Wednesday, November 14, 2007
This interview with J. T. Rogers appears in the Nov. 16, 2007 issue of "National Catholic Reporter." My review of the play is posted on Oct. 23.
I don’t know when I’ve seen a new drama as compelling as “The Overwhelming.” I was riveted for the entire two hours and 20 minutes of this story centered around an American family, newly arrived in Kigali, Rwanda, in 1994 as the genocide is ready to explode. Thanks to a cast that is excellent across the board, it is the most theatrically satisfying evening I have spent in a long time.
Playwright J.T. Rogers, 39, has done an extraordinary job of conveying the confusion and terror of that place and time. He did this without ever having been to east Africa or talking to any Rwandans. But he had followed the events there closely at the time, or as closely as he could.
“There was never any clear explanation in the newspapers for why this came about so suddenly,” he said during a telephone interview from his home in Brooklyn. “It was like, ‘these people do this. It will be over in awhile,’ which was troubling. Being a playwright, I know people don’t just do something like that all of a sudden. It’s not, ‘dominoes this morning or kill my neighbor?’”
The question stayed with him for a decade. He then spent a year researching the country and the massacres and thought, “What would I do if I were in a situation where all the choices lead to monstrous ends?”
Realizing it could be perceived “as un-PC as you can get” for a white man who had never even been there to write about such an unfathomable event, the murder of 800,000 people in 100 days, he uses an American family to do it. They are a college professor, Jack Exley, his African-American second wife who is a nonfiction writer and his teenage son with whom he has a distant relationship. Jack is writing a book about ordinary people who make a difference in the world and wants to interview his college roommate, an African man running a clinic that treats children with AIDS. He also naively expects this time in Africa to be an enriching experience for his son the way his college semester abroad in Sweden had been for him. “I don’t want to raise another American who doesn’t question,” he says, mentioning his students and their sense of entitlement.
“This isn’t Sweden,” a U.S. embassy official tells him dryly.
Because the information and political situation were so dense and would be foreign to many people in the audience, Rogers sought a familiar structure, crafting the play “like an intellectual thriller.” The college roommate has disappeared and the Exley family soon finds out few people in Rwanda in those dangerous times can be trusted. A UN official warns Jack, “You’re seeking answers in a country you don’t know without a language to understand it.”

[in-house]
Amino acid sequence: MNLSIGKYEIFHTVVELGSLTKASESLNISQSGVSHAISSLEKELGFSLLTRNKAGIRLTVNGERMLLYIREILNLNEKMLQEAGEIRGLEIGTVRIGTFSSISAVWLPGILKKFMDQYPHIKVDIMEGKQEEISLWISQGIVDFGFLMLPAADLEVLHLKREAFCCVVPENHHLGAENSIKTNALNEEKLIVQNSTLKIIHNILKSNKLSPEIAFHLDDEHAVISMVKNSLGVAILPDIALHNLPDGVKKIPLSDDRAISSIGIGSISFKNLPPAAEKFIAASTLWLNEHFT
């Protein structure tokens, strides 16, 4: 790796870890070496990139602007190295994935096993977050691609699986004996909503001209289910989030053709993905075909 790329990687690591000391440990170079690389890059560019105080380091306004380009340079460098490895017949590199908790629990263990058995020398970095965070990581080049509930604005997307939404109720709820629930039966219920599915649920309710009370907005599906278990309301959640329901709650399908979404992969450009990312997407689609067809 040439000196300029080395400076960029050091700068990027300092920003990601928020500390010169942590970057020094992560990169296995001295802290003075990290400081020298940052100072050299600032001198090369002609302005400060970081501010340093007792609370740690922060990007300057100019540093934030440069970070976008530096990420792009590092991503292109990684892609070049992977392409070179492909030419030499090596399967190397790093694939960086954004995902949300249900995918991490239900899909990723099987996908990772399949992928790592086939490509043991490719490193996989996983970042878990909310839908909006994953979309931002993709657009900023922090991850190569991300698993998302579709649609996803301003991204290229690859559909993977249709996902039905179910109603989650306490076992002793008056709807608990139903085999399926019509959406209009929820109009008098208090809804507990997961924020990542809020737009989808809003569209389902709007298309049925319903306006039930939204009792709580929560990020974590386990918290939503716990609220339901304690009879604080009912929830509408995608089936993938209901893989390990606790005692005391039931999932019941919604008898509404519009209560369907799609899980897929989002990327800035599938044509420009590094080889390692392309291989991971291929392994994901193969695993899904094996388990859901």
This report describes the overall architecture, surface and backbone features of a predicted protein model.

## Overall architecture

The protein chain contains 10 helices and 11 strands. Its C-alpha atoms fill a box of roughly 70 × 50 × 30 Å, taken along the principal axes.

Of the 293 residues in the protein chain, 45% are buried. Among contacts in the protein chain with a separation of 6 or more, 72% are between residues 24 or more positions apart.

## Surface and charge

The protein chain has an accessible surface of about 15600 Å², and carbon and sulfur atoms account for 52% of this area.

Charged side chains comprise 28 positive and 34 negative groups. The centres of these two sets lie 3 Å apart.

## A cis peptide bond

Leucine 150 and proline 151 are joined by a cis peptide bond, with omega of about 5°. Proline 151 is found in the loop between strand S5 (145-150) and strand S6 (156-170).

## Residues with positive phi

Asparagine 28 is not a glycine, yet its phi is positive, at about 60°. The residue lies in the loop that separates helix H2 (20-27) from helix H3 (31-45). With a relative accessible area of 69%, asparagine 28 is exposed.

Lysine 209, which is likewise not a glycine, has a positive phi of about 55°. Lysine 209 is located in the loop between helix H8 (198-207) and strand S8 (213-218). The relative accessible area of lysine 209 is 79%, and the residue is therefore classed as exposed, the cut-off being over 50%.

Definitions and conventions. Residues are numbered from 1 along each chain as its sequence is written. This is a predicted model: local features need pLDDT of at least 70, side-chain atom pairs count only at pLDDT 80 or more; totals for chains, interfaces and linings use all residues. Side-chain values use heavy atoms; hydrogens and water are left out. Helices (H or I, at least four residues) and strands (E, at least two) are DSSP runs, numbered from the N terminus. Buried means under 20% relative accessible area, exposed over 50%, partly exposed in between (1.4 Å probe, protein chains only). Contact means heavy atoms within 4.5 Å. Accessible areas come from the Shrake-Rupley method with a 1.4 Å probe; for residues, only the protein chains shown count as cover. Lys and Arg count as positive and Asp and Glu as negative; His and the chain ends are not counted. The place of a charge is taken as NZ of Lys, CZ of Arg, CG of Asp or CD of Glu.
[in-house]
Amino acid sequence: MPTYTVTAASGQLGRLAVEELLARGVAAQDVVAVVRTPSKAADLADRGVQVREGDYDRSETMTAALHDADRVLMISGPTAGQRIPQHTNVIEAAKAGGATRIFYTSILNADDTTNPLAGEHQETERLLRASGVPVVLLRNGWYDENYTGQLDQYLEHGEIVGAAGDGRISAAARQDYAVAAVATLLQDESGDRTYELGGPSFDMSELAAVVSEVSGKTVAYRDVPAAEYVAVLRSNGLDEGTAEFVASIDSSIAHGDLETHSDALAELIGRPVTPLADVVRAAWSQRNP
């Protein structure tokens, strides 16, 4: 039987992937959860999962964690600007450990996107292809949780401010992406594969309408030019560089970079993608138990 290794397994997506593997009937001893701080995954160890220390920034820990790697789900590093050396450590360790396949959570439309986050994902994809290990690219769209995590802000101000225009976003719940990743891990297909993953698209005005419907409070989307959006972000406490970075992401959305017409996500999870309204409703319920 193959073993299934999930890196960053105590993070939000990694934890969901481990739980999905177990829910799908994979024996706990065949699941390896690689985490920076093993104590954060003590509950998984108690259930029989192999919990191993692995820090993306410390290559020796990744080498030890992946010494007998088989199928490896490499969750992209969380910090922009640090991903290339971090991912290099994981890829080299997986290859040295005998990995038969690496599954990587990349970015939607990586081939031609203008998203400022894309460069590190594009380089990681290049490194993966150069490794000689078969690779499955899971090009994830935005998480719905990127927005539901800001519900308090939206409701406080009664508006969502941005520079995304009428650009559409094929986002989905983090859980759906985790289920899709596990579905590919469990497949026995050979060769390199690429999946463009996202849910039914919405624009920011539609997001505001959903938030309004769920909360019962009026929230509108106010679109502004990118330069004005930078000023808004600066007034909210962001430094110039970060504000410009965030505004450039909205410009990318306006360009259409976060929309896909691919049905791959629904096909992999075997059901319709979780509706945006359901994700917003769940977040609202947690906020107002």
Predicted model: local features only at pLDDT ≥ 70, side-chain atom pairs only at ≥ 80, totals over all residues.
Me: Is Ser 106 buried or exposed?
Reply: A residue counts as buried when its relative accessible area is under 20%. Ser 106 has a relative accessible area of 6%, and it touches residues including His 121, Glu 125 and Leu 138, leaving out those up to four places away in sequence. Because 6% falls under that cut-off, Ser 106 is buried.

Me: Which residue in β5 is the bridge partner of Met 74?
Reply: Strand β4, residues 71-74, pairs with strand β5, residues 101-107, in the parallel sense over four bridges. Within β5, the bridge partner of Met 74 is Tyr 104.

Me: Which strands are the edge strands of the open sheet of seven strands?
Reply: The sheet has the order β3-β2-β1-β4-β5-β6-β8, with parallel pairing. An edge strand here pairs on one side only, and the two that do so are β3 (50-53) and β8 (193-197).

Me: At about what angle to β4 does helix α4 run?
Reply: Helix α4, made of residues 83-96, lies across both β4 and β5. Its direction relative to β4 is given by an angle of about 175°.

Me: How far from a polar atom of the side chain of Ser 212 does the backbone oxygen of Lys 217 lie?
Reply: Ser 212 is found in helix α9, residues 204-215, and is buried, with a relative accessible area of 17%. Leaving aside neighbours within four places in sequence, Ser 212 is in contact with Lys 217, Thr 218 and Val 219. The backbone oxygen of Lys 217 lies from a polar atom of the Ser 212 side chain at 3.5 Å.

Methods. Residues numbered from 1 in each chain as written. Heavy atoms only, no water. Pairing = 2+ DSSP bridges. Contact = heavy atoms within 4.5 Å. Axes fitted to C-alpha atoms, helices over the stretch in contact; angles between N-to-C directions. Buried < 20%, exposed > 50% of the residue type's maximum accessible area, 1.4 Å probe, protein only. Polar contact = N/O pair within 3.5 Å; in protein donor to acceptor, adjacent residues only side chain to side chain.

The final scene is an appropriately terrifying result of the clash of naiveté in the face of hatred and violence. I was breathless.
The play premiered last year at the National Theatre in London. Rogers and director Max Stafford-Clark visited Rwanda prior to that production. “I was terrified I’d get there and start shredding the play,” Rogers says. But except for minor tweaking, the play stayed the same, even after he interviewed many survivors there. “I myself was personally touched,” he said.
What did come into being after the trip was Tim Shortall’s set, which was fashioned from a collage of photos Rogers took. What stands out as one enters the Laura Pels Theatre and what is the final spotlighted image is a statue of the Madonna and Child. It was inspired by one Rogers saw splattered with blood in a Catholic church where dozens of people had been killed.
“It’s an arresting image and it speaks to the complexities and ambiguities,” he says. “Many, many people in the first week were murdered in churches. The churches had always been safe havens.”
But in a country where few people in authority could be trusted, even many priests participated in the genocide. “That people of God could be able to carry out such ungodly deeds are the contradictions that are interesting in any play,” he says.
The realization that people were killing people they knew struck him during his visit to that country, which is the size of Maryland.
“You have to be there to understand how claustrophobic the country is. Everyone knew someone on the list. It’s astonishing.” He said a journalist told him, “Nobody kills a stranger here.”
Audience reaction to “The Overwhelming” has been extremely positive, even at the conservative, subscriber-based Off-Broadway house where it is playing through Dec. 23. Rogers says the run may be extended and that regional theatres have expressed interest in productions of their own. Farrar, Straus & Giroux has just published it, with an interview with Rogers and excerpts of some of his Rwandan interviews.
When I asked him why so few playwrights take on political subjects, Rogers was passionate in his reply.
“There’s a profound hostility to political theatre in this country, especially in this city. The critical establishment is very hostile to anything that smacks of intellectual or political ideas. They get written off as unemotional or preachy. Those are code words. There isn’t any real political discourse in our country.”
For that reason, Rogers thought the play probably would never get produced, but felt he had to write it anyway.
“I’m a playwright, not an essayist. What’s most interesting to me are subjects that are morally complex and don’t have answers.”
Related web site
Roundabout Theatre Company